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The change in ownership from 100% privately held toward an increased share of publicly traded shares brings along with it the probability that a firm may be managed by hired professionals and not the owners.
This raises the possibility that ownership and management may not be perfectly aligned in their business and financial objectives, the so called agency problem .
Although the governance structure of any company – domestic, international, or multinational – is fundamental to its very existence, this subject has become a lightning rod for political and business debate in the past few years.
Spectacular failures in corporate governance have raised issues about the very ethics and culture of the conduct of business.
The single overriding objective of corporate governance is the optimization over time of the returns to shareholders.
In order to achieve this goal, good governance practices should focus the attention of the board of directors of the corporation by developing and implementing a strategy that ensures corporate growth and improvement in the value of the corporation’s equity.
Equity markets should reflect the market’s constant evaluation of the promise and performance of the company.
Debt markets should reflect the company’s ability to repay its debt in a timely and efficient manner.
Auditors and legal advisors are responsible for providing an external professional opinion as to the fairness, legality and accuracy of corporate financial statements.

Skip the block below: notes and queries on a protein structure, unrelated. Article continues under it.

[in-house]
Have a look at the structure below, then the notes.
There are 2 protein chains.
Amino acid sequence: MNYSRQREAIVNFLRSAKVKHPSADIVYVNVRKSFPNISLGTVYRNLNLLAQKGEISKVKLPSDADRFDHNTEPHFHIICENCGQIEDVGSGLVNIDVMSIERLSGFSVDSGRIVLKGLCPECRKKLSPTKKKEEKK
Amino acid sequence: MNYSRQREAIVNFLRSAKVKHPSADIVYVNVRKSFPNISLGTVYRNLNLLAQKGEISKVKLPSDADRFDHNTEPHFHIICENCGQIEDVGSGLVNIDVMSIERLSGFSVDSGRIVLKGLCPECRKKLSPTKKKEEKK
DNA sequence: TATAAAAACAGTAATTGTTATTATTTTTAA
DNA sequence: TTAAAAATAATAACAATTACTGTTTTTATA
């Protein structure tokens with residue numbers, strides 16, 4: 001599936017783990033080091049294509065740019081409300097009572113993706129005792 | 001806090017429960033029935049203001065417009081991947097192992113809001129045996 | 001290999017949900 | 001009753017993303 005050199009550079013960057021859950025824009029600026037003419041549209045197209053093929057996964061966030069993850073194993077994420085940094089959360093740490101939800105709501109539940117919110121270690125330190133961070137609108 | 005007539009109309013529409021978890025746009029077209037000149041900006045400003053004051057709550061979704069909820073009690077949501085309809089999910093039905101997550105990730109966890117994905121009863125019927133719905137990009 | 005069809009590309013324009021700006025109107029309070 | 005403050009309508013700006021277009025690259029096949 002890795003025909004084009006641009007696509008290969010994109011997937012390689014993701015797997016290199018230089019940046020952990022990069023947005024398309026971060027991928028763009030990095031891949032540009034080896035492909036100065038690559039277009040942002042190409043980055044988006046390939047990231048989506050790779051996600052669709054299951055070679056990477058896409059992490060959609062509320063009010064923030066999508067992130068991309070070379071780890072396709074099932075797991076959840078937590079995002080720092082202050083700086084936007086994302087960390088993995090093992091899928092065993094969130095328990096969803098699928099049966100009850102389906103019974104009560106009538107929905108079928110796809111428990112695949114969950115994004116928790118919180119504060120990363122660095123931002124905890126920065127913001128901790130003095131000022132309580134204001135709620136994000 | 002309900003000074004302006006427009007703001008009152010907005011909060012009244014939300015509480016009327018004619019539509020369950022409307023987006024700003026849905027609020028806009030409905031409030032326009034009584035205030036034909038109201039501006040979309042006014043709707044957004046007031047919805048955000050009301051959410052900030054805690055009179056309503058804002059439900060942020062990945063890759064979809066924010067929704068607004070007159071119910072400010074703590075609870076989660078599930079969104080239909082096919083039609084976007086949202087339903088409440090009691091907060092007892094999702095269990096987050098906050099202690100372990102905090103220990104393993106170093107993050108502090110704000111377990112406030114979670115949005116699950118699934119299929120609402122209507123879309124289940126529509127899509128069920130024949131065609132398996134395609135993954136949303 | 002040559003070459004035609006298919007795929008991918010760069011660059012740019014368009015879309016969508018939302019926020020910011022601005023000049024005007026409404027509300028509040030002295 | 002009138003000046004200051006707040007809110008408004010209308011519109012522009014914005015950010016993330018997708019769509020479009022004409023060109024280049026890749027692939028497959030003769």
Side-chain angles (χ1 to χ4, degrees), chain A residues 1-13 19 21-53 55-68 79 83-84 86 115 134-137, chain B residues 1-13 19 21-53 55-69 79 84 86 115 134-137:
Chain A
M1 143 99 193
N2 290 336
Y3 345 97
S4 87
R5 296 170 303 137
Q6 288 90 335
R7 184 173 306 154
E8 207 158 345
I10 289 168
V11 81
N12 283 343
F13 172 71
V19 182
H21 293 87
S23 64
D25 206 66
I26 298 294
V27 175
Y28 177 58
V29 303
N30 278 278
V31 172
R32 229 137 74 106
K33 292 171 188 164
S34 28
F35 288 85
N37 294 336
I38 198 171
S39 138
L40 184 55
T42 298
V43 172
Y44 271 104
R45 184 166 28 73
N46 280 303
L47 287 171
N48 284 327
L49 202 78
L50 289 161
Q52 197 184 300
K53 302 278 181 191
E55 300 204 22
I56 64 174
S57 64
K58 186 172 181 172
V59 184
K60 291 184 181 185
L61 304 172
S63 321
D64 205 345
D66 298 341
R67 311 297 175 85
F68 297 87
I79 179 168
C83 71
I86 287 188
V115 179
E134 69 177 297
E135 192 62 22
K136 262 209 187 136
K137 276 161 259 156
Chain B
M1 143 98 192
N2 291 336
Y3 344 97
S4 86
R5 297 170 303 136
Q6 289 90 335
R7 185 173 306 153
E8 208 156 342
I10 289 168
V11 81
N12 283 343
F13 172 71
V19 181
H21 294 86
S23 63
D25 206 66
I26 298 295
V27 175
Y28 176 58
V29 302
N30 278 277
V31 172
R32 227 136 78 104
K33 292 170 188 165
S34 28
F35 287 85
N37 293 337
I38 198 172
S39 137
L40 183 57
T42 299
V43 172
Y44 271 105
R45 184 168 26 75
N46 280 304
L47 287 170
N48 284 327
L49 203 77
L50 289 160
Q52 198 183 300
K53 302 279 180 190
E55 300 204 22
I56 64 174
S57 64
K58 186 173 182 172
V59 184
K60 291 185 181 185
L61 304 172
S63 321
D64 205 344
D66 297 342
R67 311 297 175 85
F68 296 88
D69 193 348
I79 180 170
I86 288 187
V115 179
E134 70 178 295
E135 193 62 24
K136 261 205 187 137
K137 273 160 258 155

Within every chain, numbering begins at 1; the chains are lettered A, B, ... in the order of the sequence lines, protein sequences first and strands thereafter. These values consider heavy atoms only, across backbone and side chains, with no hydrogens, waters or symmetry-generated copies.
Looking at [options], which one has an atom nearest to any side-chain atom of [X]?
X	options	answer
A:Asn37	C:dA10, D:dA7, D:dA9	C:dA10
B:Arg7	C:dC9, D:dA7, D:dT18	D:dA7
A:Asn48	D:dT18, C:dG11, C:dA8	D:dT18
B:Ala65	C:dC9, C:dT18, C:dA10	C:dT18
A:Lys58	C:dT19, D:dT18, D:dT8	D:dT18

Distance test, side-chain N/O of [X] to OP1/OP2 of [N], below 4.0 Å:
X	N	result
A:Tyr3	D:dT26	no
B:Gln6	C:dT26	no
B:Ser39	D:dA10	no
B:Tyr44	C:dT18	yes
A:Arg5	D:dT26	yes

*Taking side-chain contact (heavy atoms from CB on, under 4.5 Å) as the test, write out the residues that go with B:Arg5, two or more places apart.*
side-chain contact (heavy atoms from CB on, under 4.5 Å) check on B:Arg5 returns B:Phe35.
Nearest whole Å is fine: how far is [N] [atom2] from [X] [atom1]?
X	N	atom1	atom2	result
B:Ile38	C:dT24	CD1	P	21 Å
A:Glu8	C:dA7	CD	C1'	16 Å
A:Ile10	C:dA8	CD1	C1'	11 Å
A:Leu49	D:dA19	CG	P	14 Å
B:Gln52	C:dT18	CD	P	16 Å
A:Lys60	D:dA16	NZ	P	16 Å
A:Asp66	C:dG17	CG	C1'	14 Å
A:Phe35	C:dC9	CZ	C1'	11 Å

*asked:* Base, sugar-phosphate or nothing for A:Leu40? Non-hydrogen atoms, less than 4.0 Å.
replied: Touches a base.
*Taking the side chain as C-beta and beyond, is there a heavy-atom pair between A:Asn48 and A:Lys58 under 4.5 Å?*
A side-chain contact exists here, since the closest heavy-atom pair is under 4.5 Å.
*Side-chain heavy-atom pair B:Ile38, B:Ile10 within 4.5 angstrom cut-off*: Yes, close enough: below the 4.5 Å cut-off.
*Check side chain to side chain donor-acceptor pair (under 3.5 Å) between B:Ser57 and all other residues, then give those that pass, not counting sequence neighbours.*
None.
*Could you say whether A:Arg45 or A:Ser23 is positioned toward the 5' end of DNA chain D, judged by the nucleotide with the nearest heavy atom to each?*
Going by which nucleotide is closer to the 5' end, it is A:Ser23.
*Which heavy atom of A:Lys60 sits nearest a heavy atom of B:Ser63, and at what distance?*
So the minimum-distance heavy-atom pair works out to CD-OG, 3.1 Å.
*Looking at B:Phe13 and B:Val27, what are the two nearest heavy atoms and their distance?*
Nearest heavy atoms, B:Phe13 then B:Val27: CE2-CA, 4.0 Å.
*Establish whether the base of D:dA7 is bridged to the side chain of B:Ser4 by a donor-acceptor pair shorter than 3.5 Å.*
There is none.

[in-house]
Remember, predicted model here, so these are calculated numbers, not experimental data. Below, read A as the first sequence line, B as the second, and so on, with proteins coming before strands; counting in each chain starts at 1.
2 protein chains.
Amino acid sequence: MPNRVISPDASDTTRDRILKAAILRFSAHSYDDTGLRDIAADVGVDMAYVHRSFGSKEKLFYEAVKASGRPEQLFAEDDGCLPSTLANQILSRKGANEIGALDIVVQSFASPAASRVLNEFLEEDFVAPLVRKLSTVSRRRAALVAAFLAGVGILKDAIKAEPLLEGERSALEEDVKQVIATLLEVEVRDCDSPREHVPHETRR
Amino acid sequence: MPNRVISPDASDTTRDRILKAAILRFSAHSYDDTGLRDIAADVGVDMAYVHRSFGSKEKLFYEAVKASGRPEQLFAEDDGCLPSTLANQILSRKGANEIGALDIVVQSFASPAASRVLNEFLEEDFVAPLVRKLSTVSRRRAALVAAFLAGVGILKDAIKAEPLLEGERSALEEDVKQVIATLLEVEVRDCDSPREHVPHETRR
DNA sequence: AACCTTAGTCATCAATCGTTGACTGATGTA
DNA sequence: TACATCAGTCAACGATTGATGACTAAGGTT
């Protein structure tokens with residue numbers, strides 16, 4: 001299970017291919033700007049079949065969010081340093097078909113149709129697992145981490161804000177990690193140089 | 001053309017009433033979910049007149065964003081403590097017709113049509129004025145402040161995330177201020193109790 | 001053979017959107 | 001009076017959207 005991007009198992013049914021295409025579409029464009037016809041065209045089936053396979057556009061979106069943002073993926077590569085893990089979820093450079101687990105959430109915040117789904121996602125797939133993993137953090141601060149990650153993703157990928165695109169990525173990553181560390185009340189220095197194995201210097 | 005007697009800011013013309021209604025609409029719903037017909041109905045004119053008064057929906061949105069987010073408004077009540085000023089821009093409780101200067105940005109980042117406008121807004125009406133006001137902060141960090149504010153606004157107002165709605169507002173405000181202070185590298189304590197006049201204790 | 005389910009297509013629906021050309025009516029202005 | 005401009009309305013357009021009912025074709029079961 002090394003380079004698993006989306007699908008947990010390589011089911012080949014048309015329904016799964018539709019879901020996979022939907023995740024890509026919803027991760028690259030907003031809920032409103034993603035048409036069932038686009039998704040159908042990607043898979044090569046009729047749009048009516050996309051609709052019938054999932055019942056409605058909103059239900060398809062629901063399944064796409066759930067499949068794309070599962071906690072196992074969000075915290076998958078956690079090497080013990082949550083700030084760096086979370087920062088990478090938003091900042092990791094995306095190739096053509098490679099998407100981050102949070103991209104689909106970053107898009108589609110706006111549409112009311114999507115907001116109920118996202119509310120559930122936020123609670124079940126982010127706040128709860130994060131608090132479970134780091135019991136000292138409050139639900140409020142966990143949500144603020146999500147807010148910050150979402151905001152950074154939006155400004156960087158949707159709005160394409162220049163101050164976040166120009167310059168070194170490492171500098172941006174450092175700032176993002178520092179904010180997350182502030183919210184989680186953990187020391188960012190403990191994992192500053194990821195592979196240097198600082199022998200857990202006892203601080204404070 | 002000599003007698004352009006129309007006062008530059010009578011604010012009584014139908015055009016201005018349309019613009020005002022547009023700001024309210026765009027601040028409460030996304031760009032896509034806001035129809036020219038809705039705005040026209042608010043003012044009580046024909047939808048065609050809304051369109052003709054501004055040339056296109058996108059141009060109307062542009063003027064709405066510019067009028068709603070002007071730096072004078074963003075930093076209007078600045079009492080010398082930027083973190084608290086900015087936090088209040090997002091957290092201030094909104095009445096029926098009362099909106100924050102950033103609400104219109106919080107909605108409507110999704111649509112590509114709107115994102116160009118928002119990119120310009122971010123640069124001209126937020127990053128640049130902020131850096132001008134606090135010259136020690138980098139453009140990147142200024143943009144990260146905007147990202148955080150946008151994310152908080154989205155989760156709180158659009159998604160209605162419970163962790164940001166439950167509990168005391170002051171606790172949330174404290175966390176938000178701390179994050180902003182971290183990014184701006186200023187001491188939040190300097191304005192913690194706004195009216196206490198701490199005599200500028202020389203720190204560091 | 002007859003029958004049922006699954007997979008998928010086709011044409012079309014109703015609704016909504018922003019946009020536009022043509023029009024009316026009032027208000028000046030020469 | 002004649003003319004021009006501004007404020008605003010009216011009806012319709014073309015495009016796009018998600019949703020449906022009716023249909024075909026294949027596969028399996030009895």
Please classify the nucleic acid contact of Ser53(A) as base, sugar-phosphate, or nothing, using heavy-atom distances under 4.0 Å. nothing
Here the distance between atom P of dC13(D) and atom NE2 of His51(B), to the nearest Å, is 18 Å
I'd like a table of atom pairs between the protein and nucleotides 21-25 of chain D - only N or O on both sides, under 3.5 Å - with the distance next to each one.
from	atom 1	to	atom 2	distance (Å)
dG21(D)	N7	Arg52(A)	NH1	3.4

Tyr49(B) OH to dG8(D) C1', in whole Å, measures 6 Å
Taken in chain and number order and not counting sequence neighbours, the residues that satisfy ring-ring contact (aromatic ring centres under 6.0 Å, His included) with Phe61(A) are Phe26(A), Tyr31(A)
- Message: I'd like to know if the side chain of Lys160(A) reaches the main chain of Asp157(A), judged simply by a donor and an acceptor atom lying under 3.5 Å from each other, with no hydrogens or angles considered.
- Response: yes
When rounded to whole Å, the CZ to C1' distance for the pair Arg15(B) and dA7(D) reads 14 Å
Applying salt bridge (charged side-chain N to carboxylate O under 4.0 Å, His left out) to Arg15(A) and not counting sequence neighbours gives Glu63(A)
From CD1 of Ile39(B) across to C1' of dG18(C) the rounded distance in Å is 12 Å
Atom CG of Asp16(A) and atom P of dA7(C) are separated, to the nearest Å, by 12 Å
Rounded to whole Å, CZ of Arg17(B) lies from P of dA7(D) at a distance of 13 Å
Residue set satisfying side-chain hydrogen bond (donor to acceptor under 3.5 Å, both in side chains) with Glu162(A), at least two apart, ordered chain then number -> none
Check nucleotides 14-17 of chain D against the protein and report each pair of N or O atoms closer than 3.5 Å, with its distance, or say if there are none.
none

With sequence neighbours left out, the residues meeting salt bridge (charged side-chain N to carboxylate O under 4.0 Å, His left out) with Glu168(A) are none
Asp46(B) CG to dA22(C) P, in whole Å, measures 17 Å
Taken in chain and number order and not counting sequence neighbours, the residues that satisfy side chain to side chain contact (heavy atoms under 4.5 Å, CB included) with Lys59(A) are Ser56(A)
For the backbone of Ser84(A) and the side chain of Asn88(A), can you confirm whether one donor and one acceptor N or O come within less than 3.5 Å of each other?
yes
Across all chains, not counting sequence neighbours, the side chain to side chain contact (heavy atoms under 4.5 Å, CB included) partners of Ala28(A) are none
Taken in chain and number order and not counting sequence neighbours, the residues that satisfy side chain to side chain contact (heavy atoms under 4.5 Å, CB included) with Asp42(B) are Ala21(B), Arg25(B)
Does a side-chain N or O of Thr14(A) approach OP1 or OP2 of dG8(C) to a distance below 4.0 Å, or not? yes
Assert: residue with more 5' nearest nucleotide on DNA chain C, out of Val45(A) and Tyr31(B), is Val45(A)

Regulators work to ensure, among other things, that a regular and orderly disclosure process of corporate performance is conducted so that investors may evaluate a company’s investment value with accuracy
Failures in corporate governance have become increasingly visible in recent years.
In each case, prestigious auditing firms missed the violations or minimized them, presumably because of lucrative consulting relationships or other conflicts of interest.
In addition, security analysts urged investors to buy the shares of firms they knew to be highly risky (or even close to bankruptcy).
Top executives themselves were responsible for mismanagement and still received overly generous compensation while destroying their firms.
Corporate Governance Reform Within the United States and the United Kingdom, the main corporate governance problem is the one treated by agency theory: with widespread share ownership, how can a firm align management’s interest with that of the shareholders? Because individual shareholders do not have the resources or the power to monitor management, the U.S. and U.K. markets rely on regulators to assist in the agency theory monitoring task. Outside the U.S. and U.K., large, controlling shareholders are in the majority – these entities are able to monitor management in some ways better than the regulators can.
Mini-Case Questions: Governance Failure at Enron
Which parts of the corporate governance system, internal and external, do you believe failed Enron the most?
How do you think each of the individual stakeholders and components of the corporate governance system should have either prevented the problems at Enron or acted to resolve the problems before they reached crisis proportions?
If all publicly traded firms in the United States are operating within the same basic corporate governance system as Enron, why would some people believe this was an isolated incident, and not an example of many failures to come?